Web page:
Port Orange is a sprawling modern city of 57,000 just south of Daytona Beach.
Business and tourism promoters have named this part of Florida the "Fun Coast" and the "Sun Coast". Those names haven't caught on as far as I know, and most people just refer to it as the Daytona Beach area.
It is officially part of the Deltona-Daytona Beach-Ormond Beach Metropolitan Statistical area.
As in most parts of coastal Florida, the old Port Orange is found off the main highways of US-1 and I-95. Poke around on the streets and back roads and you will find an interesting and historic community.
The early Native American Timicuan people were displaced by European settlers when Dr. Andrew Turnbull established his nearby New Smyrna Colony in 1768.
The New Smyrna operation didn't pan out, but several sugar plantations were established in the years that followed. An ancient reminder of these days is the Dunlawton Sugar Mill.
The Dunlawton Sugar Plantation was established in 1804 by Peter Dean on a 995 acre land grant from the Spanish king. It was destroyed in 1836 during the Second Seminole War along with the other plantations in the Port Orange area.
You can visit the ruins of the Dunlawton Sugar Mill at 950 Old Sugar Mill Road. Admission is free, and the ruins and adjacent botanical gardens are open every day from 800am to 500pm except Christmas and New Years Day.
After the Civil War - about thirty years after the Seminoles destroyed the plantations - a former U.S. Army surgeon and abolitionist, Dr. John Hawks, came down to Florida with some other former soldiers and brought 500 freed black slaves with them.
Their mission was to help the newly freed slaves form a self sufficient community.
They formed the Florida Land and Lumber company and settled in the area, naming it Orange Port. The post office objected to the name because somebody else was already using it, so it was renamed Port Orange.
Poor soil conditions and the harsh semi-tropical climate contributed to things not working out. The settlement almost went under in 1869. Only nine families remained and most of the freed slaves left the area.
The freed slaves who did stay in the area gave Port Orange a distinctly African-American heritage in those post Civil War days.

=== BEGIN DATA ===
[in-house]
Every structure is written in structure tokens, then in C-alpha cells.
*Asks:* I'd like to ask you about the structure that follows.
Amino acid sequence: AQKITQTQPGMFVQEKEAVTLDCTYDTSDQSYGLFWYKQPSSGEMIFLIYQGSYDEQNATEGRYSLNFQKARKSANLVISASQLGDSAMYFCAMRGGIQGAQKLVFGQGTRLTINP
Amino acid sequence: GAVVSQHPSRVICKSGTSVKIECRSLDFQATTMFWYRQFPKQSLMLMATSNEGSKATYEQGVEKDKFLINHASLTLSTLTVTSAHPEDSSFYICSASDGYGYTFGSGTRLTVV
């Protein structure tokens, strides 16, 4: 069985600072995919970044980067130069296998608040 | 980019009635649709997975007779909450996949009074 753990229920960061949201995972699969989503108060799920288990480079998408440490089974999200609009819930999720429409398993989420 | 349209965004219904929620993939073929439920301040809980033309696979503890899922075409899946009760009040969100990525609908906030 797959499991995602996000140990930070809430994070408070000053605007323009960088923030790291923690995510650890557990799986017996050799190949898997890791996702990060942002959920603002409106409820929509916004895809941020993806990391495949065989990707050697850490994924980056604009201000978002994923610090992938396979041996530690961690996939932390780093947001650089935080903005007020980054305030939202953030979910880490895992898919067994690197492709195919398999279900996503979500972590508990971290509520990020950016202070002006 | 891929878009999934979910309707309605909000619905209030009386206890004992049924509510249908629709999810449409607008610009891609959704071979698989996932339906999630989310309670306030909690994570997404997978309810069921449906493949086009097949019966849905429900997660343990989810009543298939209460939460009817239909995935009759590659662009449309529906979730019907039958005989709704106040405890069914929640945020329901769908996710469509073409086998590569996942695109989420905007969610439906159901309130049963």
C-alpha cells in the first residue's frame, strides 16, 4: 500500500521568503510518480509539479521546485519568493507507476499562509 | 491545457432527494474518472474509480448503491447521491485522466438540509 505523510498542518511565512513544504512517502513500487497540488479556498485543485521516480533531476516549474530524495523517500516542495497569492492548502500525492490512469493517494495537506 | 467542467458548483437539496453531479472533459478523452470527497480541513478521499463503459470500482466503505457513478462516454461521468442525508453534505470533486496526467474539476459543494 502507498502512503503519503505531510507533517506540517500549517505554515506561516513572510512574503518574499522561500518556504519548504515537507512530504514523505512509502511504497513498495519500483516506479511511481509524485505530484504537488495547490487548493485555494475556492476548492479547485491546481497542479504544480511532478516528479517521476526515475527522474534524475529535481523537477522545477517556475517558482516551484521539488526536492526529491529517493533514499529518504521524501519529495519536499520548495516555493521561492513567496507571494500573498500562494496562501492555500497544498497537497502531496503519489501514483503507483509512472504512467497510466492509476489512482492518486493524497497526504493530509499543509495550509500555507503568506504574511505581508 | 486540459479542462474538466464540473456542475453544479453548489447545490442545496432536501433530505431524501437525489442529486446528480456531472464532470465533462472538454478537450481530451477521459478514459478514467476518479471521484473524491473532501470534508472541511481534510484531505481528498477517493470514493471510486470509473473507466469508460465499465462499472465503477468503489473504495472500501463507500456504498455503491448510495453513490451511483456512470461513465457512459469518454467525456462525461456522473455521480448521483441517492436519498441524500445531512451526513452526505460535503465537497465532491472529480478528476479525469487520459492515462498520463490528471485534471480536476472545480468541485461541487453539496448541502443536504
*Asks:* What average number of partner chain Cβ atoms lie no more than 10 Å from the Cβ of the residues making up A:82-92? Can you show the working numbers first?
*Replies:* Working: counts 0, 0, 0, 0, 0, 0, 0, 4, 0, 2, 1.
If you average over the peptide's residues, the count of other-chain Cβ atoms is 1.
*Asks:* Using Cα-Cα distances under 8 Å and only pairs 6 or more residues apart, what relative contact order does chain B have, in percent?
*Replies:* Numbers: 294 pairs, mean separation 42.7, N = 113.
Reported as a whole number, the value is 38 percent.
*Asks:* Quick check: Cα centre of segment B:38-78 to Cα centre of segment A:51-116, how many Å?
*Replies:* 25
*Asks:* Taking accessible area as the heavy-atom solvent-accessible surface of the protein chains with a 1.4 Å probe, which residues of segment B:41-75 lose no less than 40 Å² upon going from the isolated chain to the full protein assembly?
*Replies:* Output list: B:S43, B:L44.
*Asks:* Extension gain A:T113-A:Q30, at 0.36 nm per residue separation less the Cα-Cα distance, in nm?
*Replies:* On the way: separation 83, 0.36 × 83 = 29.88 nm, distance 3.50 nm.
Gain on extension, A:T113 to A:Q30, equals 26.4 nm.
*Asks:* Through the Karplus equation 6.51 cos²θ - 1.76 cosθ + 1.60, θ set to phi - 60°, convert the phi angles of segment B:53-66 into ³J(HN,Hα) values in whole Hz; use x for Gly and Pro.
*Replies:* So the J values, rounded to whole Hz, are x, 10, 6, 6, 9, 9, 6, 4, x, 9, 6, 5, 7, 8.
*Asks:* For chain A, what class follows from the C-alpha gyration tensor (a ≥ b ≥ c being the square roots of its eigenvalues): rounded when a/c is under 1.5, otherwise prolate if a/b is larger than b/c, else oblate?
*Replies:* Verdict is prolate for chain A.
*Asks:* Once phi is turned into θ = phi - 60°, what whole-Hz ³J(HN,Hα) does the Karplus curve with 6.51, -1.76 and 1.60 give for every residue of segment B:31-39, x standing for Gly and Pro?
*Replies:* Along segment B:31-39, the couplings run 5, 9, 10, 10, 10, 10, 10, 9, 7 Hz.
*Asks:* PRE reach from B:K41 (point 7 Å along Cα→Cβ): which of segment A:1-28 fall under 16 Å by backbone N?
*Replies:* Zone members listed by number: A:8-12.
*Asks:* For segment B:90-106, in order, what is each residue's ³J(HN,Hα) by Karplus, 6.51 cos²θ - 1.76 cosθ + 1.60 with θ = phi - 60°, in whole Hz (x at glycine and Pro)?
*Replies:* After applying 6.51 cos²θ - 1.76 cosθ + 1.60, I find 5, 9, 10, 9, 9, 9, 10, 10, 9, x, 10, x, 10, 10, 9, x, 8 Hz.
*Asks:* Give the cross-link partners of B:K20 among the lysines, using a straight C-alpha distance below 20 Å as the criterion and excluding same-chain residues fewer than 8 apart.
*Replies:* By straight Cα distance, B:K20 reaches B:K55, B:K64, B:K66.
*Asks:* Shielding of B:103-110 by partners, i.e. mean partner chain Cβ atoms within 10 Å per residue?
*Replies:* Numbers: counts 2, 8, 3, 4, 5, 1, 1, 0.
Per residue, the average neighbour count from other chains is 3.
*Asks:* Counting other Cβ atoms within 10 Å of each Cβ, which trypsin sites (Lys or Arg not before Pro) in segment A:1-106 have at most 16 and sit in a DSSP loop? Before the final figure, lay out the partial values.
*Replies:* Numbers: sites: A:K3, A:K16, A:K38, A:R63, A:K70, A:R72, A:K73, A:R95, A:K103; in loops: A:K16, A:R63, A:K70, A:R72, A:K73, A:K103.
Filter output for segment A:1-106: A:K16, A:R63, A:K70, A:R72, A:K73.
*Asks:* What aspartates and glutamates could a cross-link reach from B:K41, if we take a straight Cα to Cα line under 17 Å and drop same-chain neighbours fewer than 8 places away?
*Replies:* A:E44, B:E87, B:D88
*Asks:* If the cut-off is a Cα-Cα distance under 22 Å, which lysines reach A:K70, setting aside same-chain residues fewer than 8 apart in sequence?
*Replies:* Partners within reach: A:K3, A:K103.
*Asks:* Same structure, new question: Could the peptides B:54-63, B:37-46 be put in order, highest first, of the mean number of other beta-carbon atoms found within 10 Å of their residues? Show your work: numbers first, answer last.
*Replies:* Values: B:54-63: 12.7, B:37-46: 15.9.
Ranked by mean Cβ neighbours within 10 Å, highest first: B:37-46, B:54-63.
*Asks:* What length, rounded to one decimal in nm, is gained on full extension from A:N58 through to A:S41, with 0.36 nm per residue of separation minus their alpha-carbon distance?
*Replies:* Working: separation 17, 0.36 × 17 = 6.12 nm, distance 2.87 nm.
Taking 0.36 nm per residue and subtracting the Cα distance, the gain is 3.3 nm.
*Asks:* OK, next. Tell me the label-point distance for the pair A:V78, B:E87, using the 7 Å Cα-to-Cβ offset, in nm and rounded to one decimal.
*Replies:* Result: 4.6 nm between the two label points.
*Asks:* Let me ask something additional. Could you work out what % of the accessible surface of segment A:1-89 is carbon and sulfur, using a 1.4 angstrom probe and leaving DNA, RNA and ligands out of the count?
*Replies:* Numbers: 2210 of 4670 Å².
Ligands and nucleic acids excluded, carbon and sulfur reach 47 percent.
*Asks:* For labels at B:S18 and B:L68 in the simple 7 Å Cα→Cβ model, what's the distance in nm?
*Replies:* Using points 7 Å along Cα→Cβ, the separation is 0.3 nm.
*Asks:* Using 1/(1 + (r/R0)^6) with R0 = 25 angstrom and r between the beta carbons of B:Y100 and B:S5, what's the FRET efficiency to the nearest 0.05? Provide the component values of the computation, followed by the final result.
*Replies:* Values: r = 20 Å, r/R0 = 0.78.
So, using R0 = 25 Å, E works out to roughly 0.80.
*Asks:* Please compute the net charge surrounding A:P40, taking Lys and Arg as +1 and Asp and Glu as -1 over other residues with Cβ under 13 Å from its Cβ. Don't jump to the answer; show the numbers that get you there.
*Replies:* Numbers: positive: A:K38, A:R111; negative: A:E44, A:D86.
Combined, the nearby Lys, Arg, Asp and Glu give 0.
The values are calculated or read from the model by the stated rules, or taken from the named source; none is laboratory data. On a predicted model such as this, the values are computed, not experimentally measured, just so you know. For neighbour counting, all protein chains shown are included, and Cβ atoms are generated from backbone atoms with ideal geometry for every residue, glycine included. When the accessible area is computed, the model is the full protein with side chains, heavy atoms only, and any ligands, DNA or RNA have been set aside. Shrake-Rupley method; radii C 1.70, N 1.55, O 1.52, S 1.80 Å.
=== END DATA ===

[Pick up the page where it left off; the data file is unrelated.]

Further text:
The area of the old settlement is known today as Freemanville and it's the small neighborhood around the intersection of Orange Avenue and Charles Street. This is a few blocks west of US-1 and a few blocks north of Dunlawton Avenue.
Not much remains of the original settlement.
Mount Moriah Baptist Church, built in 1911, still serves the community as an active place of worship.
Like so many other places in Florida, rich Yankees came along and saved the day.
When you think of the Proctor & Gamble Company, think of Port Orange.
James N. Gamble came down from Cincinnati, Ohio, one winter and fell in love with the Port Orange area. In 1907 he built a Florida cracker style cottage in the country west of town along with a luxurious estate on the Halifax River.
Mr. Gamble was the son of the founder of Proctor & Gamble and was credited with developing the formula for the famous Ivory Soap.
The Gamble cottage is a classic example of southern country architecture and uses many details typical of Florida cracker houses.
Mr. Gamble died in 1932, and Gamble Place passed on through the family and eventually became open to the public.
The 175 acre property includes the cottage and a citrus packing house. Mr. Gamble named his cottage retreat "Egwanulti" which is reportedly a Native American word meaning "by the water".
The property is also home to a lot of wildlife, azalea flowers and huge ancient cypress trees.
Gamble Place is now a historic district listed on the National Register of Historic Places. It is located in western Port Orange at 1819 Taylor Road. This is about 1.5 miles west of I-95, Exit 256.
This historic place is just north of the modern Spruce Creek Fly-In and Golf community where many residents have their own airplanes and can land on the community's private air strip.
John Travolta was once a Spuce Creek resident along with his planes before he moved west to the Ocala region.